Media Review for November 12, 2015

Nigeria Gets Cabinet Ministers After Long Wait
Nigeria on Wednesday finally got a new government after more than five months of waiting, as 36 ministers and junior ministers swore the oath of allegiance and were assigned formal roles. The ceremony at President Muhammadu Buhari’s official residence in the capital, Abuja, brought to an end 166 days in which he has effectively been in sole charge of Africa’s leading economy. Buhari described the appointments as a “milestone” and indicated it had taken so long to decide because of the need to put “round pegs in round holes” with the right people for the job.  Daily Mail

Around 25 Dead in Boko Haram Raid in Niger and Clashes with Army
Around 25 people were killed on Wednesday in a Boko Haram attack on a village in southern Niger and subsequent clashes between the Islamist militants and the army, Niger military officials said. Fighters from the Nigerian militant group killed five civilians in their initial attack on the village located in the West African nation’s Bosso district. Niger soldiers drove back the militants, killing around 20 of them, the officers said. “Reactingly quickly, the government’s forces were able to push them back. Most of the Boko Haram elements have been neutralized,” said one of the officers, based in the Diffa border region. “The situation is under control and we are carrying out clean-up operations,” he added. Reuters

Kabila Must Go
There are hints that the president of the DRC wants to delay presidential elections. Here’s why that would be a disaster. On October 31, a spokesman for President Joseph Kabila’s ruling coalition in the Democratic Republic of Congo called for the country’s presidential elections — originally scheduled for November 2016 — to be delayed for two to four years in order to ensure their “credibility.” This would be convenient for President Kabila, who is constitutionally ineligible to run for another term. Although the government’s information minister played down the possibility of a delay, DRC experts have already noted Kabila’s strategy of creating administrative hurdles to postpone elections. In the DRC, the rules don’t matter. Power does. The Kabila regime is not without friends. Over the last few years, China has invested heavily in the DRC, and Kabila can most likely count on support from at least some of the neighboring countries, such as Angola, should he decide to stay in power. And even Kabila’s fiercest critics would concede that he has done some things right. The country’s economy is now one of the fastest-growing in the world. Foreign Policy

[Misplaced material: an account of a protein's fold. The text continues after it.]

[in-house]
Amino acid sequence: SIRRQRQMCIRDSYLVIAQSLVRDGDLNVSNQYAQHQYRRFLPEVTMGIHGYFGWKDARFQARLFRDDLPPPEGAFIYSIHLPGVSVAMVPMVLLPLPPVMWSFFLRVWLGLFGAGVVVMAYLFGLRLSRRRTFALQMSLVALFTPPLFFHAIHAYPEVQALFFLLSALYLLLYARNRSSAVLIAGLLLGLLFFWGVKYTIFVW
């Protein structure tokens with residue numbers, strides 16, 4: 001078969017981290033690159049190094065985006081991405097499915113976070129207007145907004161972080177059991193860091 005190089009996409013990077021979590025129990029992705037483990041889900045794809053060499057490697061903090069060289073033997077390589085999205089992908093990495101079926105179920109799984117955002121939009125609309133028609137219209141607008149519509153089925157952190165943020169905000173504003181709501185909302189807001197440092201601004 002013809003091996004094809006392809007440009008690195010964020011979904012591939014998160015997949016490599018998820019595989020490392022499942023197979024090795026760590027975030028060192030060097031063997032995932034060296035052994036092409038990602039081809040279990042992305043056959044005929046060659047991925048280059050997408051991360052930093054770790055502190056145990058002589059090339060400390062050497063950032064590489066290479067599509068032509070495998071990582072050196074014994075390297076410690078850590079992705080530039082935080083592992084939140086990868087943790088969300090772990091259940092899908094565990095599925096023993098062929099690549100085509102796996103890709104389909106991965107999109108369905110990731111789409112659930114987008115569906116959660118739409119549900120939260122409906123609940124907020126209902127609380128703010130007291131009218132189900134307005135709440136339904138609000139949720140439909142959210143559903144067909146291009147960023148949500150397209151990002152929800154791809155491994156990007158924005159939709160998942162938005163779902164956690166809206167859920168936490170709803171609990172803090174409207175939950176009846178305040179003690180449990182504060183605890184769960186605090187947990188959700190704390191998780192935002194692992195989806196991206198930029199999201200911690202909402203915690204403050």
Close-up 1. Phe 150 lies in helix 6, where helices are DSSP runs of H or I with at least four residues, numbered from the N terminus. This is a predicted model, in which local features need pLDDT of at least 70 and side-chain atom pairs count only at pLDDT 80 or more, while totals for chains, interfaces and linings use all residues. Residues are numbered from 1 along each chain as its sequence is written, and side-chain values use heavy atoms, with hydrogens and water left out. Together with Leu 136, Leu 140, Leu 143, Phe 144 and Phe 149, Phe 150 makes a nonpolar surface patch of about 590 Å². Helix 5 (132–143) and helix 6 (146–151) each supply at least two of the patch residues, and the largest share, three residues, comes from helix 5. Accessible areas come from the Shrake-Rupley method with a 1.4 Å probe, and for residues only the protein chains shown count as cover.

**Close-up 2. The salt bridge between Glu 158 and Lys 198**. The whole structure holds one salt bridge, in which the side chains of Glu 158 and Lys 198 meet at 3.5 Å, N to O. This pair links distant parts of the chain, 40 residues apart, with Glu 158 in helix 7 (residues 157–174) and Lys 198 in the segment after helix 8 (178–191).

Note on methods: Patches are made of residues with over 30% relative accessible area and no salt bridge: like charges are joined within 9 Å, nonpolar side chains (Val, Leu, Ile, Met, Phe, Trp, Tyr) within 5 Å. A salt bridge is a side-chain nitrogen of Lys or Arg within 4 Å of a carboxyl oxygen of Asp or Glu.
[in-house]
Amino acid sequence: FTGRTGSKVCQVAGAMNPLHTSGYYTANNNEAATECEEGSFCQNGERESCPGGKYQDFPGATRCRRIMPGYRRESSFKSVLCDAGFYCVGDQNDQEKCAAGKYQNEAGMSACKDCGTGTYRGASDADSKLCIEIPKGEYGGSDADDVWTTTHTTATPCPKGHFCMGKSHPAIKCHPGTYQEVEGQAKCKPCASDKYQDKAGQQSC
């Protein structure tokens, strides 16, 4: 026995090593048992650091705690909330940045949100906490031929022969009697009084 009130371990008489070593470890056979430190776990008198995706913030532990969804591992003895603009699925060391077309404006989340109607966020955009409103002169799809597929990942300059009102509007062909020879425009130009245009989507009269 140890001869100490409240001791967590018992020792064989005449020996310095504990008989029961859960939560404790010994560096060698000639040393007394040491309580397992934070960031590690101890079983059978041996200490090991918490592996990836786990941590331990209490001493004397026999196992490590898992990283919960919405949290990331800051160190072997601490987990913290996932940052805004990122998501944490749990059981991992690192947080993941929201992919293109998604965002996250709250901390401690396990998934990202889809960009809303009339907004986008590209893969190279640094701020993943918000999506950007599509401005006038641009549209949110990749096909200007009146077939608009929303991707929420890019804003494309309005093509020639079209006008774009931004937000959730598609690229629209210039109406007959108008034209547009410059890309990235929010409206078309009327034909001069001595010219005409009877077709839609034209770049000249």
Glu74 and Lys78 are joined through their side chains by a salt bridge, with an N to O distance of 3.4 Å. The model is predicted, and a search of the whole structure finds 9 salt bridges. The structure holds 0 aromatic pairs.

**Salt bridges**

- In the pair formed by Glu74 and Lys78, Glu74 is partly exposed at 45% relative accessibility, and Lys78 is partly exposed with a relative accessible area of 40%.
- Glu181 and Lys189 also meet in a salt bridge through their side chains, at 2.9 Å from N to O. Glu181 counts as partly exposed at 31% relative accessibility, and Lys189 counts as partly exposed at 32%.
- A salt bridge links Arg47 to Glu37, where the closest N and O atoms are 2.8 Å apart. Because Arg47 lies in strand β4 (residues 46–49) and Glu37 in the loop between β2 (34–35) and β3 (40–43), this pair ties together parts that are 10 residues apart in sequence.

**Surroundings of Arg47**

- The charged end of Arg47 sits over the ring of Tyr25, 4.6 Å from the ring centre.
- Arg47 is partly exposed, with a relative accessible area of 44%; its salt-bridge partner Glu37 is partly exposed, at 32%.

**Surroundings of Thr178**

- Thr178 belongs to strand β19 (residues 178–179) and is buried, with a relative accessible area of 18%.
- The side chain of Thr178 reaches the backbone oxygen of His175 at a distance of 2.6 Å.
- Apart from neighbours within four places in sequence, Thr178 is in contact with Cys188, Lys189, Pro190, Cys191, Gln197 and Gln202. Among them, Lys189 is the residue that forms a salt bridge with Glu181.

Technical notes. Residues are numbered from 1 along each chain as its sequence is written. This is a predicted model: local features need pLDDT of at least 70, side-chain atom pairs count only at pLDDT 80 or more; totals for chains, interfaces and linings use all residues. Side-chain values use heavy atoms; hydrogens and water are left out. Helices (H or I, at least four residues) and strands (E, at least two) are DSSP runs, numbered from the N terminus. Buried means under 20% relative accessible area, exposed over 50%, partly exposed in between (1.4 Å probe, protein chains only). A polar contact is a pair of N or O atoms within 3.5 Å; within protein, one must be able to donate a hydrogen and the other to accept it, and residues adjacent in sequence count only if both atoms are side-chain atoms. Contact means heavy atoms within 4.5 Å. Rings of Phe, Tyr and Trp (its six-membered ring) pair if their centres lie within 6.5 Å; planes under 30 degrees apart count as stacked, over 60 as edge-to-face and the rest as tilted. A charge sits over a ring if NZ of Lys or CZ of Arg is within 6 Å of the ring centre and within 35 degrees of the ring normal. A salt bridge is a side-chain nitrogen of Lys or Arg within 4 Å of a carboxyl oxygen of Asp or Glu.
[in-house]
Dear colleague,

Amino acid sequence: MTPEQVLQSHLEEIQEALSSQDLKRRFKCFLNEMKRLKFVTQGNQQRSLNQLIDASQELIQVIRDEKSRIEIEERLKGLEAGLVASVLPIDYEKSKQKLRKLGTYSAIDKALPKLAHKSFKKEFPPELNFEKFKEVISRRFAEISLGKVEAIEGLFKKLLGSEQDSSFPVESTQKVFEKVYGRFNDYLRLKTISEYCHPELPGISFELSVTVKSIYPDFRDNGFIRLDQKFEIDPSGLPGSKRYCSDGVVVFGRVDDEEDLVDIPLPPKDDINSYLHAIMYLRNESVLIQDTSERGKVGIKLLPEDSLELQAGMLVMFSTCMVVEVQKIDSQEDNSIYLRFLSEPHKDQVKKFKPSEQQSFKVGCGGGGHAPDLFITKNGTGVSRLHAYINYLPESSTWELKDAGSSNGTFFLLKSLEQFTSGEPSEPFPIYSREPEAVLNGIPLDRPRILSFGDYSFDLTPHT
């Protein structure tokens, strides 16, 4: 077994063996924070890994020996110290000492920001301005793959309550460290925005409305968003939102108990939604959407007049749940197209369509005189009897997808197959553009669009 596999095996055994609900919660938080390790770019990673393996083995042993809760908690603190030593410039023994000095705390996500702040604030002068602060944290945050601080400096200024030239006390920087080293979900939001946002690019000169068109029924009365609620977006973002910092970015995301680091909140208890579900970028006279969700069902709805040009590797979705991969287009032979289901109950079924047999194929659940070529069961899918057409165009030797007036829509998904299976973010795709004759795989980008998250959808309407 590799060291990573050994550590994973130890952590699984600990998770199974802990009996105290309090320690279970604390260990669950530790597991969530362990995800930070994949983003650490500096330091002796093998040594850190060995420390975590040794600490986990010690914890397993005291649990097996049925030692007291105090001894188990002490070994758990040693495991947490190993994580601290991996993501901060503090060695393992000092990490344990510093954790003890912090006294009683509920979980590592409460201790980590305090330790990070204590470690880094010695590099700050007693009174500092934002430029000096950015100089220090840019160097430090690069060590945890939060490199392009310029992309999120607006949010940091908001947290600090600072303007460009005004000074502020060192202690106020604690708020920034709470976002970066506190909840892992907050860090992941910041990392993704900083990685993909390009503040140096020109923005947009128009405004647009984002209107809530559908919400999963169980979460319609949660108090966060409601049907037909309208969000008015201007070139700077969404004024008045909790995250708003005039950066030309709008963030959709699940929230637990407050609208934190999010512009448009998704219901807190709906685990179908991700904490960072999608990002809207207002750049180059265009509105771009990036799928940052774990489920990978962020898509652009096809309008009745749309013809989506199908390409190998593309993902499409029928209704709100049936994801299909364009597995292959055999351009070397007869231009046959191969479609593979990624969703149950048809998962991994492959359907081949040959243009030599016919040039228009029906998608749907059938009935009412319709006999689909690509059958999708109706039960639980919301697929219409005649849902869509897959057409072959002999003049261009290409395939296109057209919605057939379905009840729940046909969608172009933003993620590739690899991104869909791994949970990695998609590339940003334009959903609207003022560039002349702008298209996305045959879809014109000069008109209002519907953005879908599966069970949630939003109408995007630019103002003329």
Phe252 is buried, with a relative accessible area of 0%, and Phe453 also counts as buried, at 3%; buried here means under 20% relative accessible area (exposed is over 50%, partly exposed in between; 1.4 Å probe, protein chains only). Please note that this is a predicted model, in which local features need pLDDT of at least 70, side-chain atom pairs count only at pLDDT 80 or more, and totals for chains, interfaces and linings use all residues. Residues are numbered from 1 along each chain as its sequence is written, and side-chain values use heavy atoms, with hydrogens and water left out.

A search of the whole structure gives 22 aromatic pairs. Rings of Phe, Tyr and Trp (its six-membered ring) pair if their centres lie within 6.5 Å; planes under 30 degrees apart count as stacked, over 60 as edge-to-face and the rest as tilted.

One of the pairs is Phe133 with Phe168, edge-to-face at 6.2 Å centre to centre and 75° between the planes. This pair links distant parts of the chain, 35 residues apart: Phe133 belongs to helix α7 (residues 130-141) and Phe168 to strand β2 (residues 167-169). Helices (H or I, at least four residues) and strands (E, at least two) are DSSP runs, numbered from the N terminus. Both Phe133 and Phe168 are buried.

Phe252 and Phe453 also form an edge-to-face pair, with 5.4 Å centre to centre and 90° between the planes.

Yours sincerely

Congo’s Kabila Should Receive Immunity, Says Main Opponent Katumbi
Democratic Republic of Congo’s President Joseph Kabila should be granted immunity from prosecution after he leaves office, said Moise Katumbi, the popular former governor widely considered the frontrunner to replace him. The statement by Katumbi is likely to be viewed as an attempt to convince Kabila to leave office when his second and final elected term ends next year. Katumbi, who led the mining province of Katanga, did not specify what charges Kabila, who has ruled Africa’s top copper producer for nearly 15 years, could potentially face. In an interview with Reuters at his home in the mining hub of Lubumbashi, Katumbi said he had discussed the subject of immunity for Kabila with fellow opposition figures Etienne Tshisekedi and Vital Kamerhe during a recent visit to Europe.  Reuters

Obama Expresses ‘Deep Concern’ over Situation in Burundi: White House
U.S. President Barack Obama, in a phone c    all with South African President Jacob Zuma on Wednesday, expressed “deep concern” about the situation in Burundi, the White House said. Obama asked Zuma “to continue to work with other regional actors to call for calm and press for a dialogue that can bring about a long-term solution to the crisis,” the White House said in a statement. At least 240 people have been killed and tens of thousands have fled to neighboring states, during months of violence that began when Burundi’s president, Pierre Nkurunziza, decided in April to run for a third term. He won a disputed election in July. Reuters